An Evil Eye by Jason Goodwin is the fourth book in the Ottoman mystery series featuring Yashim, the Sultan’s investigator and eunuch. Beginning with The Janissary Tree, Goodwin has brilliantly recreated 1840s Istanbul, an international port of devilish intrigue. In such a sophisticated world, only a well-trained and discreet palace servant such as Yashim can uncover the deadly mysteries that occur while at the same time preserving the reputation of the people he serves.

In his latest case, Sultan Mahmut II is dead and his young teenage son, Abdülmecid, has taken the throne bringing with him his coterie of staff including his concubines. It is a distressing time in the sultan’s harem as the deceased sultan’s concubines are replaced by much younger and more beautiful versions of themselves. The cruel bickerings following the displacement occurs at the same time as the body of a Russian spy is found drowned in the well of a Christian monastery on a small island not far from Istanbul. Yashim is sent to investigate and soon realises that he must confront his old mentor and nemesis, Fevzi Pasha, someone he has studiously avoided all these years and who is now commander of the Ottoman fleet. For this man has taught Yashim everything including how cruel humans can be. When people start to turn up dead in the sultan’s harem, Yashim soon begins to realise that the seeds of this case lie many years in the past and he must unravel the sticky strands carefully in order for him and his friends to survive.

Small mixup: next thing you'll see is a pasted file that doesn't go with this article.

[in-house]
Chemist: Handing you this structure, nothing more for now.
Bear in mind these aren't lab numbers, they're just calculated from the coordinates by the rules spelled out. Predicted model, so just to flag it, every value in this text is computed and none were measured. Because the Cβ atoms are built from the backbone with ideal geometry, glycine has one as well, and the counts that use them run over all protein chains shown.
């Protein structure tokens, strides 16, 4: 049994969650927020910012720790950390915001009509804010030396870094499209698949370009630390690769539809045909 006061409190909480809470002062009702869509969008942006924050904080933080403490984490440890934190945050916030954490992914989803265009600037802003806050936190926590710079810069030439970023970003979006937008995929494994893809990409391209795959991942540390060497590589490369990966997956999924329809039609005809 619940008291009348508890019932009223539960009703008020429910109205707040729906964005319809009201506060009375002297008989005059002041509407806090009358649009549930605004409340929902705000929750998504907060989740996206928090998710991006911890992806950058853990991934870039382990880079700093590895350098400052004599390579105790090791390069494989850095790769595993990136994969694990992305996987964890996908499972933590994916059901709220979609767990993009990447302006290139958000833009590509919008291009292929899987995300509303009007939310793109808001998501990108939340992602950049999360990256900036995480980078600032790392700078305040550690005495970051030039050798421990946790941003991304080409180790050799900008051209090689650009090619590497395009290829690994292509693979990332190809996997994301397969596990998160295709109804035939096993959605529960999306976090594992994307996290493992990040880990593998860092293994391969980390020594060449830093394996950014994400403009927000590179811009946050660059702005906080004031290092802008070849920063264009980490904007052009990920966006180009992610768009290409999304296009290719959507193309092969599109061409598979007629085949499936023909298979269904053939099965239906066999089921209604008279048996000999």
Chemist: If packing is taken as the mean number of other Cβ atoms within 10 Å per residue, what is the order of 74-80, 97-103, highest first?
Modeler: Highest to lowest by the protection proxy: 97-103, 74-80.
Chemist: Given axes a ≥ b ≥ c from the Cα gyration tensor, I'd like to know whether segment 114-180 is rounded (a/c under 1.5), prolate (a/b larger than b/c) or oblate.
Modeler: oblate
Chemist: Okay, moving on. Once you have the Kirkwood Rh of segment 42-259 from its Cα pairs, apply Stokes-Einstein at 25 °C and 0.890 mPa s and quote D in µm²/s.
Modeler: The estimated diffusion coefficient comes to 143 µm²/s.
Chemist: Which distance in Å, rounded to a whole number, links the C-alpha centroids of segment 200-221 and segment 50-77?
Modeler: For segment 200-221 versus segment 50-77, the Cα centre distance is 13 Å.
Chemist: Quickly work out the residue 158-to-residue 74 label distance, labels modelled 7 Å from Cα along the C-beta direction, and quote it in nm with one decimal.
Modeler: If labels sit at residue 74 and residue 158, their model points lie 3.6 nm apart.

In between the mystery are little nuggets of information about daily life in Istanbul including tantalising descriptions of Yashim cooking his meals. One of these days I really must try some of his mouthwatering recipes.

We are also reacquainted with Stanislaw Palewski, Yashim’s friend and the Polish Ambassador to the Sublime Port who still maintains his Embassy although now sadly diminished in monetary terms with the demise of a sovereign Poland. It’s these little political details which are fascinating. Goodwin is brilliant in bringing Istanbul with its complex political and military history alive while at the same time injecting it with the humanity that keeps you reading the stories.

I can’t wait to find out more, especially about Yashim’s own murky history.

I read this as part of R.I.P. VII.